Commercial Fertilizer Cost Boost Interest in Manure Fertilizer

Dr. Flaten observes Manitoba’s livestock producers have made great progress in the sorts of techniques and technologies they’re using to apply manure resulting in more environmental sustainability and improved agronomic efficiency. He adds the cost of most synthetic fertilizers have gone up about three fold over the past couple of years which certainly improves the attractiveness to be using livestock manure as efficiently as possible.

Wishart agrees, given the high cost of phosphorus fertilizer these days, this is environmentally very positive and economically very positive.

Rally Planned for Winnipeg

Discussion on Bill 17 is scheduled to resume in the legislature next week. Meanwhile Manitoba Pork Council has organized a rally for Wednesday (September 24) afternoon at the legislature to protest Bill 17 and generate public awareness for the agency’s proposed Zero Percent Solution.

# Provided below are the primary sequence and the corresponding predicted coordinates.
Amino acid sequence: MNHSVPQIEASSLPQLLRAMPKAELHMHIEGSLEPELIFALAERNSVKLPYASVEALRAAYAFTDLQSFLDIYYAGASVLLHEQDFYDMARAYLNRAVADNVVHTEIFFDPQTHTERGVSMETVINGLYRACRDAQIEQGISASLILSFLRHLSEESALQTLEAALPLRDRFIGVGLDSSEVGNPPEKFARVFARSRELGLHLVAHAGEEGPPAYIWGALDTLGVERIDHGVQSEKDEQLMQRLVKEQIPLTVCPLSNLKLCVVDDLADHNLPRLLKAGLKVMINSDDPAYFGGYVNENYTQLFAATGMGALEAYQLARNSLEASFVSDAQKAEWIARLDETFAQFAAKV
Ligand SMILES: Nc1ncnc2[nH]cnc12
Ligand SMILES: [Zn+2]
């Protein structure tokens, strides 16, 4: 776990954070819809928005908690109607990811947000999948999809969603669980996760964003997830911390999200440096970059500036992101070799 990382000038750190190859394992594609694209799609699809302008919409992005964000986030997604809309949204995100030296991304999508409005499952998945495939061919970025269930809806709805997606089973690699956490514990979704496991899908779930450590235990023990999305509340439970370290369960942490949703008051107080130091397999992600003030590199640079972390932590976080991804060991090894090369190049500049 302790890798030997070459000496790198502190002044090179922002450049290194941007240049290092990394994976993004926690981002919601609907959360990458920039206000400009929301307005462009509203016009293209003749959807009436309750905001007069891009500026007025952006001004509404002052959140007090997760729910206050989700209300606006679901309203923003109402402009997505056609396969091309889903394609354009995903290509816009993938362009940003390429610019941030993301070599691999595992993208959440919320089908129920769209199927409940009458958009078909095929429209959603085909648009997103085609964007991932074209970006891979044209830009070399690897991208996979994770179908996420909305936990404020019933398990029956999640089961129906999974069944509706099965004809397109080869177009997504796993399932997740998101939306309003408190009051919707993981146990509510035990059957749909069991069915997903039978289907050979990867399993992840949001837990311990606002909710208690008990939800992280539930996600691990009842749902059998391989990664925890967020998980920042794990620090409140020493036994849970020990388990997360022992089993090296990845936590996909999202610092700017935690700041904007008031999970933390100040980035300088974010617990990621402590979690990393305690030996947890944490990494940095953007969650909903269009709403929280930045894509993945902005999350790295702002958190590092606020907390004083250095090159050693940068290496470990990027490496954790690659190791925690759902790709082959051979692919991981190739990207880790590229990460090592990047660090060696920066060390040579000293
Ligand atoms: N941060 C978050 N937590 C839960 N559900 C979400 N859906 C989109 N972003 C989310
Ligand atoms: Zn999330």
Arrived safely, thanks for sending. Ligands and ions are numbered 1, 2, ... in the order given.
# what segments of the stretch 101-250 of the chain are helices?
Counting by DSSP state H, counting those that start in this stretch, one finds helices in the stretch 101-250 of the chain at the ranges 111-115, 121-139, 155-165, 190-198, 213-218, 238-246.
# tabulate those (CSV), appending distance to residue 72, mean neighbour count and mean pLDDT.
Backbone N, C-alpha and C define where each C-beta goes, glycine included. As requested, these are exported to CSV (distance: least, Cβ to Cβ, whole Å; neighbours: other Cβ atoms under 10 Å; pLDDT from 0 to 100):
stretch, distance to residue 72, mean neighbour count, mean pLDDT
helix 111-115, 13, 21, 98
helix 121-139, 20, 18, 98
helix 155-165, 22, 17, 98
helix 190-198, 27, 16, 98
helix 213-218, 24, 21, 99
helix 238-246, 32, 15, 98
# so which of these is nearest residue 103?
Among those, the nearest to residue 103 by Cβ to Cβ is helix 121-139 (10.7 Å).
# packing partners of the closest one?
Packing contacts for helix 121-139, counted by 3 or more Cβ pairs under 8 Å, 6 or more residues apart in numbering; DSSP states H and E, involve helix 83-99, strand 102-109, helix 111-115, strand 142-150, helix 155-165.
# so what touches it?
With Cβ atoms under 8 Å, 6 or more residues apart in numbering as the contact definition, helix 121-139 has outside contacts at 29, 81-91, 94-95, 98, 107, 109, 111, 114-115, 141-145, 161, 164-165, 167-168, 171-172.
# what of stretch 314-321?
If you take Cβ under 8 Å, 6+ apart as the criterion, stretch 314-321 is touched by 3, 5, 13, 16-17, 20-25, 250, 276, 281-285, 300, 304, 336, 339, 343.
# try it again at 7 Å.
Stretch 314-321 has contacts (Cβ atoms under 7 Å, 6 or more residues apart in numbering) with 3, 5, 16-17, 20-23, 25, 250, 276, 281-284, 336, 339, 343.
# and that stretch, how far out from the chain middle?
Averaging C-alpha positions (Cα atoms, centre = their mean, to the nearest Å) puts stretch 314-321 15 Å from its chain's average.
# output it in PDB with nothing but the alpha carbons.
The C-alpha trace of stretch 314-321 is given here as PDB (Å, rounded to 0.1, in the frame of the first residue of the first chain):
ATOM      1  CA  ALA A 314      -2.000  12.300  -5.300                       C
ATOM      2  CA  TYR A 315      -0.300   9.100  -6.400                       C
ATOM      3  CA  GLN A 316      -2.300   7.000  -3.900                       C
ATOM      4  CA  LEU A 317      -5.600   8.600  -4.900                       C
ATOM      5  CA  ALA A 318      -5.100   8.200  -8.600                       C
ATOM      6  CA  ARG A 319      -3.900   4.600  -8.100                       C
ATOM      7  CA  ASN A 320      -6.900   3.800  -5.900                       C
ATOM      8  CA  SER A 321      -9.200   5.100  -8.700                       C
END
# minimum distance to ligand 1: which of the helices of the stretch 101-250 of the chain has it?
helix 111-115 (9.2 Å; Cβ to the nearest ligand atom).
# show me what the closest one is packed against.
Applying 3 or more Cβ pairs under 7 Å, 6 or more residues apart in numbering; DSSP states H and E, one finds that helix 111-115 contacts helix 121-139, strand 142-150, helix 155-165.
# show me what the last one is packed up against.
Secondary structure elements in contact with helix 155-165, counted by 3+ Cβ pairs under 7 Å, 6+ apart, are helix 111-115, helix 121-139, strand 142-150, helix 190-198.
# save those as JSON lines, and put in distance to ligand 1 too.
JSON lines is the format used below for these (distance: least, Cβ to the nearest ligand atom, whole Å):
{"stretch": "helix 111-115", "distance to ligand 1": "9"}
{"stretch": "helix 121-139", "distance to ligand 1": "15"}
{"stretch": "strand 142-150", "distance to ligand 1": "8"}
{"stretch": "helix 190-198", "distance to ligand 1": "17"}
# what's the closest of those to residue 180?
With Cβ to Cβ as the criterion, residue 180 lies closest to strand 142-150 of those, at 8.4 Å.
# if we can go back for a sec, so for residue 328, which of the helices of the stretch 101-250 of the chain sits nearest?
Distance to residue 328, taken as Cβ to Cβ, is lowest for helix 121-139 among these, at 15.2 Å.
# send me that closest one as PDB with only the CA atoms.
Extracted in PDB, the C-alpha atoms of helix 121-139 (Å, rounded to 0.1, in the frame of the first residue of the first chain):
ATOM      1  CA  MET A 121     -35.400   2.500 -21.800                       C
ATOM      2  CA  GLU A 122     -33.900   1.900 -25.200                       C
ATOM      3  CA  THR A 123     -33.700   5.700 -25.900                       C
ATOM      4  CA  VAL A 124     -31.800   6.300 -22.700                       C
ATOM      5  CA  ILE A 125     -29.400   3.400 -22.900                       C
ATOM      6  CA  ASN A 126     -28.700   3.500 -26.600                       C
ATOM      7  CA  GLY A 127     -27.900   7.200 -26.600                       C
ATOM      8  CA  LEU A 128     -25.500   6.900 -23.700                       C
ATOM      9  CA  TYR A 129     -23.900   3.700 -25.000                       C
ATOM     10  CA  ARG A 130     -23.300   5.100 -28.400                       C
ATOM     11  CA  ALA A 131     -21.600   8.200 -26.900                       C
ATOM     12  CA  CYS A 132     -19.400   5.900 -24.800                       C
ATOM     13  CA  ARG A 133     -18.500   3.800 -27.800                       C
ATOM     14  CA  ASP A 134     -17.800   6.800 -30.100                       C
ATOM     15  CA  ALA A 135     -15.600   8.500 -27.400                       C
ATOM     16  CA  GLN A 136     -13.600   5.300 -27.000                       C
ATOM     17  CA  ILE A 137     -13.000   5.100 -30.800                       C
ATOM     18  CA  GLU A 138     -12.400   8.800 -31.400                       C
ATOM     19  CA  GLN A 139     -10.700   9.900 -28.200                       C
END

Wishart suggests public awareness and support is absolutely key. “We clearly have the agriculture industry’s support behind this proposed change but we have to convince the non-farm public that this is the right way to do this,“ he says.

“We need changes in Bill 17 to accommodate an environmentally sensitive approach but one that is still sustainable for the industry.“